One year to go

Cana­dian ath­letes gear­ing up for 2018 Win­ter Olympics

The Hamilton Spectator - - SPORTS - DONNA SPENCER

Ath­letes hop­ing to wear the Maple Leaf at the 2018 Win­ter Olympics have one year to se­cure a spot on the Cana­dian team and hone their per­for­mance for a shot at a medal.

“It’s def­i­nitely on my mind pretty much daily, try­ing to fig­ure out where you want to be come that day,” snow­boarder Spencer O’Brien said. “It’s pretty crazy to put four years into some­thing and rel­a­tively for us, it’s four years for 30 sec­onds.”

The 23rd Win­ter Olympics open Feb. 9, 2018, in Pyeongchang, South Korea, and close 16 days later.

Those who run Cana­dian sport haven’t yet stated a goal for 2018 af­ter mak­ing No. 1 in the over­all medal count the tar­get in 2010 and 2014.

Own The Podium chief ex­ec­u­tive of­fi­cer Anne Merklinger said Cana­dian per­for­mances at world cham­pi­onships over the next sev­eral weeks must be taken into account be­fore that dec­la­ra­tion.

“We re­ally need to wait for those to con­clude, so we know where we stand rel­a­tive to the rest of the world,” she said. “Win­ning more medals than we won in Sochi will cer­tainly be a pri­mary goal.”

The host team won the most gold with 14, but fin­ished third in the over­all with 26 medals at the 2010 Van­cou­ver Games.

Four years later in Sochi, Canada’s 25 medals ranked fourth over­all and third in gold with 10.

Cana­dian Olympic Com­mit­tee pres­i­dent Tricia Smith es­ti­mates it will take more medals than that to top the over­all table in Pyeongchang.

“We want to have a top per­for­mance and be con­tend­ing for No. 1,” Smith said. “The num­ber of medals in what it takes to be No. 1 changes de­pend­ing on what all the other na­tions are do­ing, so you’re up there in the high 20s or early 30s, but we don’t have a spe­cific tar­get.”

De­spite fall­ing short of its am­bi­tion in 2010 and 2014, Canada has ce­mented its po­si­tion as a world power in win­ter sport.

In World Cup medals won this sea­son, Canada ranked third (116) be­hind Ger­many (163) and the United States (126) as of Mon­day. Rus­sia was fourth at 109.

The Ger­mans led in gold medals won (64) ahead of the U.S. (45), Canada (41) and France (33).

Freestyle skiers, snow­board­ers and speed­skaters are lead­ing Canada’s charge to Pyeongchang.

For Cana­dian hockey fans, the burn­ing ques­tion is whether NHL play­ers will play in Pyeongchang next year. While many stars say they’re will­ing, team own­ers don’t see the ben­e­fits.

New Olympic events will con­tinue to be cru­cial to Canada’s bot­tom line in 2018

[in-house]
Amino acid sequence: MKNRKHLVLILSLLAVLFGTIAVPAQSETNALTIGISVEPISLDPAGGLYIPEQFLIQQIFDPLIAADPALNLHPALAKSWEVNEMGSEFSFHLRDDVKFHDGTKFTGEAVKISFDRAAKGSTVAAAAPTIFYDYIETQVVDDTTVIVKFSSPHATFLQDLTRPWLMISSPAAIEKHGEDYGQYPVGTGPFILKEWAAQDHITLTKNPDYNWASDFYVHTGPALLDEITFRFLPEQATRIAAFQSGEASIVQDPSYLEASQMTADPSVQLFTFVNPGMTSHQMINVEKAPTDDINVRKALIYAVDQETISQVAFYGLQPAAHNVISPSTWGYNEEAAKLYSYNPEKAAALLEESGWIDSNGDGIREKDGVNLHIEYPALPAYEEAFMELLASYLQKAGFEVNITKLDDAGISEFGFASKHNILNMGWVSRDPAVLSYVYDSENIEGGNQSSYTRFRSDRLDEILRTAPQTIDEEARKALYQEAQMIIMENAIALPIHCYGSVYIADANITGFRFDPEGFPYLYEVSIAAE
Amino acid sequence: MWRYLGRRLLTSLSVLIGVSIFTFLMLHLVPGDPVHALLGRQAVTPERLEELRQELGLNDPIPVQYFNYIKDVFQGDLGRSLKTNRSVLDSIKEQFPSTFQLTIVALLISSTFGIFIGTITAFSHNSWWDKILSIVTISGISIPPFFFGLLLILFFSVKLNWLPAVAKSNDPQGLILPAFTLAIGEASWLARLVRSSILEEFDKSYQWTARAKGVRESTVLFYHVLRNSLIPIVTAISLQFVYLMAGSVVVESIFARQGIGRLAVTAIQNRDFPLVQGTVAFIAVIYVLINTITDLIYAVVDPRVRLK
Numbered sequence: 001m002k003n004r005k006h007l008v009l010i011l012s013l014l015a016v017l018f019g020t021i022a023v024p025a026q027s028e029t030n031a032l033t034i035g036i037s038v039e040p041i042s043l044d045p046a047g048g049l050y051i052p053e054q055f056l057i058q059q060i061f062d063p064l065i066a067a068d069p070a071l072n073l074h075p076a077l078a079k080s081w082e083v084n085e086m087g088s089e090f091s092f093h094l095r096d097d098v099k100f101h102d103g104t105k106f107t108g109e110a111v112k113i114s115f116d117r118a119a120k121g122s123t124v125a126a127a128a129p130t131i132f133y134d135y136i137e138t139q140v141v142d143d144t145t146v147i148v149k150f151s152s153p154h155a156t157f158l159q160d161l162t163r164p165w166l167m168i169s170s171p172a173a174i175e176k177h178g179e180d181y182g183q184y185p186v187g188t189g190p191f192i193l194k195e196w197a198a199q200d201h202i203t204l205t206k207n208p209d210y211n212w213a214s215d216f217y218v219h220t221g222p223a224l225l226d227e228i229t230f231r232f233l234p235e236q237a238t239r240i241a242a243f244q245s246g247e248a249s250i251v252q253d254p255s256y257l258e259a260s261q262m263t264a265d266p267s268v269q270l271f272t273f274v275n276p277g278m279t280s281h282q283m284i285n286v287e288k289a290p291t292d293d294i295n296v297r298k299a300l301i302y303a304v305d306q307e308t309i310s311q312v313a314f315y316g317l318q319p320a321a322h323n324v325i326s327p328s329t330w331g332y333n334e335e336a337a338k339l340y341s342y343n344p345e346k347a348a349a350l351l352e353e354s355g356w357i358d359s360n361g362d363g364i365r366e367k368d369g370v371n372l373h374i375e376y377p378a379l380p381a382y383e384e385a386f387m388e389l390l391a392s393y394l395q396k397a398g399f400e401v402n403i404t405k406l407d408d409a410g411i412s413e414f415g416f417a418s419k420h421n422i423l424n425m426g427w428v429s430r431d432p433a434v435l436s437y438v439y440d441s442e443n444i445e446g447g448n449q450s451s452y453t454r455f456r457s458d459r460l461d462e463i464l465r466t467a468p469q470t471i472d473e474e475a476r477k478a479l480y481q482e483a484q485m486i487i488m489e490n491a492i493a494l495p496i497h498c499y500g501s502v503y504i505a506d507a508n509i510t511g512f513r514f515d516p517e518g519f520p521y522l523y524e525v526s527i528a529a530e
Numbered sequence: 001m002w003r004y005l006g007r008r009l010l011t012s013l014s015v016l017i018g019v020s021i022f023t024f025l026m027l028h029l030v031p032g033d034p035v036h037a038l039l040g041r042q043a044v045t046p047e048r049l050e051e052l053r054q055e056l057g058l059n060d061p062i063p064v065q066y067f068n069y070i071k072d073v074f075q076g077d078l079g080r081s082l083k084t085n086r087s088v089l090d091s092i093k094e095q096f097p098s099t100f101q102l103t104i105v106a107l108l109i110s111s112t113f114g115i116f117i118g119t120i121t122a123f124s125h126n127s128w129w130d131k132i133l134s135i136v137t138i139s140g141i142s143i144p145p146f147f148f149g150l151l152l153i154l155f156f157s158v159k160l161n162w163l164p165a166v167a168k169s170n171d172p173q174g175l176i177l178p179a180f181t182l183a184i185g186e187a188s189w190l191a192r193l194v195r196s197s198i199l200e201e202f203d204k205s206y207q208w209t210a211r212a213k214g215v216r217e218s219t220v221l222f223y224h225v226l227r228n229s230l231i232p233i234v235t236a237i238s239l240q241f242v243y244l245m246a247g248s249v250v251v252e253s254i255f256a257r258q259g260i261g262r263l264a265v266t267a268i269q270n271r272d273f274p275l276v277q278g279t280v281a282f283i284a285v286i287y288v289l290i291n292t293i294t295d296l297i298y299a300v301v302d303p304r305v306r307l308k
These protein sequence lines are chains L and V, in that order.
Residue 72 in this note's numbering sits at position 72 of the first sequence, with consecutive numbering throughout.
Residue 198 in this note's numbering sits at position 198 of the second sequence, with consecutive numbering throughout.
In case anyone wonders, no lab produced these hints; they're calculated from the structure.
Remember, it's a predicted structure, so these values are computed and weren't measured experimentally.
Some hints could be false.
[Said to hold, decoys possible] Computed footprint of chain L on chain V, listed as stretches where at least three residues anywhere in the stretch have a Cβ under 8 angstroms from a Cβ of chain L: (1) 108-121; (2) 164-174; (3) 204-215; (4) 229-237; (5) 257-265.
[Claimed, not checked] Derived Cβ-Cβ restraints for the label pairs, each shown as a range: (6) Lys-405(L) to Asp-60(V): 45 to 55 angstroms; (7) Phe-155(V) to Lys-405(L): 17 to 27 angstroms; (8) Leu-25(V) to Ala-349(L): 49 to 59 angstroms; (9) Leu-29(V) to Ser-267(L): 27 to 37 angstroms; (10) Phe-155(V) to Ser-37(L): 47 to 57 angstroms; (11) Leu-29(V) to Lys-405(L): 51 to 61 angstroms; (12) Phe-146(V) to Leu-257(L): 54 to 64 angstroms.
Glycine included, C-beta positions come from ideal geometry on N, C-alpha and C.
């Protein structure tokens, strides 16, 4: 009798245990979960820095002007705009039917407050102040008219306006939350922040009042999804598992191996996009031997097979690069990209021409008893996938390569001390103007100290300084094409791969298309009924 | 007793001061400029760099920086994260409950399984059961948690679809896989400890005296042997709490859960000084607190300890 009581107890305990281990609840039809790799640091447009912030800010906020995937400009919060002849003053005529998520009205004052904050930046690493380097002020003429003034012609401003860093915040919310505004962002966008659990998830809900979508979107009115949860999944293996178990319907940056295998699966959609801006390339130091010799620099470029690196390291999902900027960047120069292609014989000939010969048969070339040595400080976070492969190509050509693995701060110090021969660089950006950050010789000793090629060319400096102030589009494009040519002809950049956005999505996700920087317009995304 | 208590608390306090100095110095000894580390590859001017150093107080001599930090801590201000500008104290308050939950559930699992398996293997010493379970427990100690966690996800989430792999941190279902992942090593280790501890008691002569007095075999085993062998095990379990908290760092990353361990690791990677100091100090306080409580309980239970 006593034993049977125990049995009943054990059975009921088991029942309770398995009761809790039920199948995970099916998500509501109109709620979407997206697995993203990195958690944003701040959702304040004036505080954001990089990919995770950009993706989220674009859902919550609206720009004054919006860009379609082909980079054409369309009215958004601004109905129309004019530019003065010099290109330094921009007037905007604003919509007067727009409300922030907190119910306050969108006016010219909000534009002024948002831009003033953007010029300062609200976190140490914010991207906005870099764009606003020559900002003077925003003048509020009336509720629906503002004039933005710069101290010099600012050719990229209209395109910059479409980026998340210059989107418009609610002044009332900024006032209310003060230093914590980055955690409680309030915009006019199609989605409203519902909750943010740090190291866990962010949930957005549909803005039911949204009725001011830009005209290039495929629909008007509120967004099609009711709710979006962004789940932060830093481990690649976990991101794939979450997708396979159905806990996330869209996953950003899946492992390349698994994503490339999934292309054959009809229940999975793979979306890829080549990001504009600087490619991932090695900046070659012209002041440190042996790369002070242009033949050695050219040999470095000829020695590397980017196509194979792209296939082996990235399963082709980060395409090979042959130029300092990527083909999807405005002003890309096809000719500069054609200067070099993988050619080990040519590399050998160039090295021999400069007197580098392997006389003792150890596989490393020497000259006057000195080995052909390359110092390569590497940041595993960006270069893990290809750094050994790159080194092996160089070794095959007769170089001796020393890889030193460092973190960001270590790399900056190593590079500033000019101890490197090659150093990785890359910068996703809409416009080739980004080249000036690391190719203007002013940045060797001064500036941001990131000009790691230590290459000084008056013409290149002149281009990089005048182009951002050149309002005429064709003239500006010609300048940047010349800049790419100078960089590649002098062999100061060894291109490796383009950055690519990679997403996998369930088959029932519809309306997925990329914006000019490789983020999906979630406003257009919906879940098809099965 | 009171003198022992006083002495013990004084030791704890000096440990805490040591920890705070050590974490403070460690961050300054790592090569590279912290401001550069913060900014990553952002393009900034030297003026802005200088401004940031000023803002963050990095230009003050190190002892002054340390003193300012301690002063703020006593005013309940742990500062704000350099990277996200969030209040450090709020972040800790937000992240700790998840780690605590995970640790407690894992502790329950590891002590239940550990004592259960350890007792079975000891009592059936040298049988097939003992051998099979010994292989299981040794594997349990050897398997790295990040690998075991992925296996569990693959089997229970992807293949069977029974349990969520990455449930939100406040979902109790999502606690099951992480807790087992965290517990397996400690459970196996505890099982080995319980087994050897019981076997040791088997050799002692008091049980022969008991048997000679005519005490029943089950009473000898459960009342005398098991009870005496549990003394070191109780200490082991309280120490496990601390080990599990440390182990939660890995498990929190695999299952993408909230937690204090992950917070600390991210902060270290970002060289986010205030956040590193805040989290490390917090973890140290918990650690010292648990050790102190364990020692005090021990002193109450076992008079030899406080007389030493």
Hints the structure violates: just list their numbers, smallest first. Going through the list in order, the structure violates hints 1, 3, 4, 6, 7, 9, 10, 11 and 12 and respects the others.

Cana­di­ans are medal con­tenders, of vary­ing de­grees, in snow­board big air, speed­skat­ing’s mass start, curl­ing’s mixed dou­bles and the mixed gen­der alpine re­lay mak­ing their Win­ter Games de­buts.

Of the 36 ad­di­tional medals avail­able in Sochi be­cause of new sports, Cana­di­ans won five.

Two de­vel­op­ments emerg­ing post-2014 for Canada are an­a­lyt­ics and the crack­down on Rus­sian ath­letes for al­leged state-spon­sored dop­ing that coun­try con­tin­ues to deny.

Canada’s Olympians had an­a­lysts crunch­ing data for them for the first time at last year’s Sum­mer Games in Rio.

They fo­cused on swim­ming, row­ing, cy­cling and track and field, build­ing pro­jec­tions mod­els of the times and scores that would win medals there.

They’ve been do­ing the same for Pyeongchang, pre­dict­ing times nec­es­sary to win in luge, bob­sled, long-track speed skat­ing, biathlon and cross-coun­try ski­ing, as well as the scores re­quired in fig­ure skat­ing.

They’re also an­a­lyz­ing which ath­letes are on track to hit those marks.

“Help­ing iden­tify ath­letes whose per­for­mance tra­jec­tory is greater than an­other athlete, that cer­tainly helps in terms of athlete se­lec­tion,” Merklinger said.

The ban­ning of some Rus­sian ath­letes and not oth­ers from Rio had lit­tle in­flu­ence on Canada’s medal count.

At the track, for ex­am­ple, Canada’s six medals were in events that didn’t in­clude strong Rus­sian con­tenders.

But given the host coun­try’s dom­i­nance in Sochi — a table-top­ping 13 gold among 33 medals — any sus­pen­sions of top Rus­sian ath­letes would have more im­pact on Canada’s medal count in Pyeongchang.

The In­ter­na­tional Olympic Com­mit­tee an­nounced Dec. 23 that dis­ci­plinary pro­ceed­ings were un­der­way on 28 Rus­sians who com­peted in Sochi “for whom there is ev­i­dence of ma­nip­u­la­tion of one or more of their urine sam­ple.”

“We can’t con­trol who is on the start line,” Merklinger said. “All we can fo­cus on is mak­ing sure our ath­letes are as pre­pared as they can pos­si­bly be go­ing into the Games. That’s what we think about ev­ery day. Not, ‘Who is go­ing to be there?’”

Cana­dian ath­letes are cur­rently cy­cling through Pyeongchang for var­i­ous test events. The freestyle skiers are there this week for World Cup moguls and ae­ri­als.

“I want to win for sure, but I think the most im­por­tant thing there is to take in as much in­for­ma­tion about ev­ery­thing,” said Cana­dian moguls star Mikael Kings­bury.


Canada’s Spencer O’Brien, of Courte­nay, B.C., shows her dis­ap­point­ment as she waits for her scores in the Ladies’ Slopestyle snow­board event at the Sochi Win­ter Olympics.

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